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Nonheterosexual adolescents are vulnerable to health risks including addiction, bullying, and familial abuse. We examined whether they also suffer disproportionate school and criminal-justice sanctions. The National Longitudinal Study of Adolescent Health followed a nationally representative sample of adolescents who were in grades 7 through 12 in 1994-1995. Data from the 1994-1995 survey and the 2001-2002 follow-up were analyzed. Three measures were used to assess nonheterosexuality: same-sex attraction, same-sex romantic relationships, and lesbian, gay, or bisexual (LGB) self-identification. Six outcomes were assessed: school expulsion; police stops; juvenile arrest; juvenile conviction; adult arrest; and adult conviction. Multivariate analyses controlled for adolescents' sociodemographics and behaviors, including illegal conduct. Nonheterosexuality consistently predicted a higher risk for sanctions. For example, in multivariate analyses, nonheterosexual adolescents had greater odds of being stopped by the police (odds ratio: 1.38 [P < .0001] for same-sex attraction and 1.53 [P < .0001] for LGB self-identification). Similar trends were observed for school expulsion, juvenile arrest and conviction, and adult conviction. Nonheterosexual girls were at particularly high risk. Nonheterosexual youth suffer disproportionate educational and criminal-justice punishments that are not explained by greater engagement in illegal or transgressive behaviors. Understanding and addressing these disparities might reduce school expulsions, arrests, and incarceration and their dire social and health consequences.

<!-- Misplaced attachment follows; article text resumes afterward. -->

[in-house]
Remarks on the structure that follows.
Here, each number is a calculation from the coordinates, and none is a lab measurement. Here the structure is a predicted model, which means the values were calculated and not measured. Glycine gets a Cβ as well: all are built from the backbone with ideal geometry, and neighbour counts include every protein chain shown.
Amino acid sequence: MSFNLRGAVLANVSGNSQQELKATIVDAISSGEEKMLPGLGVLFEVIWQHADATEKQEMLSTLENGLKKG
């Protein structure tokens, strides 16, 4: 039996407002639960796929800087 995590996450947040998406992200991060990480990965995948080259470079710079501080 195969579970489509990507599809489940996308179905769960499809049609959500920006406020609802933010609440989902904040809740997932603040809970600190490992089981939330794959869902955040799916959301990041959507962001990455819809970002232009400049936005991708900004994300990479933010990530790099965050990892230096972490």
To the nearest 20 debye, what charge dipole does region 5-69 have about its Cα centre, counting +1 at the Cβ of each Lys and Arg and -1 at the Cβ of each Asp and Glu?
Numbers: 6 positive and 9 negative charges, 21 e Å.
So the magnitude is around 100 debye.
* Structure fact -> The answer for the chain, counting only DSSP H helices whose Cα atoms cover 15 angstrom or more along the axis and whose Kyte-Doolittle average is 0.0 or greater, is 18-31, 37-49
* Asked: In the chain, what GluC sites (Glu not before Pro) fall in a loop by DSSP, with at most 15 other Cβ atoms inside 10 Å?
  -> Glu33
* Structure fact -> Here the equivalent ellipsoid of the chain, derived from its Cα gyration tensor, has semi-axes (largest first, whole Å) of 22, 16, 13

This study used negative binomial regression to investigate whether exposure to novice teachers and risk for identification for special education predicted suspension rates. Data from the 2009-2010 Civil Rights Data Collection (CRDC) was used. The sample was comprised of 72,168 schools from nearly 7,000 school districts from nearly every state. Identification as having emotional disturbance and specific learning disabilities were found to predict an increase in suspension rates for some subgroups across some school levels. Conversely, identification as being autistic was found to predict a decrease in suspension rates for some subgroups across some school levels. Policy implications are discussed.
This study is based upon a longitudinal analysis of data for a cohort of 181,897 Florida state students who were first time 9th graders in the 2000-01 school year and follows them trough to high school and post-secondary outcomes. Analysis of 9th grade suspension data finds that black students, students who are economically disadvantaged, and special education students are three demographics subgroups that are disproportionately suspended, both in the frequency of suspensions and the duration in number of school days lost. While poverty and ethnicity are themselves highly correlated, poverty alone does not explain the disproportionate suspension rates amongst black students. Further analyses show that out-of-school suspensions in the 9th grade year are also significantly and negatively correlated to later high school graduation as well as post-secondary enrolment and persistence. Thus demographic disparities in disciplinary incidents serve to further widen any academic achievement gaps. Closer analysis though shows though that disciplinary incidents are interrelated with other of indicators of student disengagement from school, such as course failures and absenteeism. Therefore, policies seeking to address these issues cannot focus on reducing suspensions alone, but must also address student attendance and course passing in a comprehensive and systematic manner.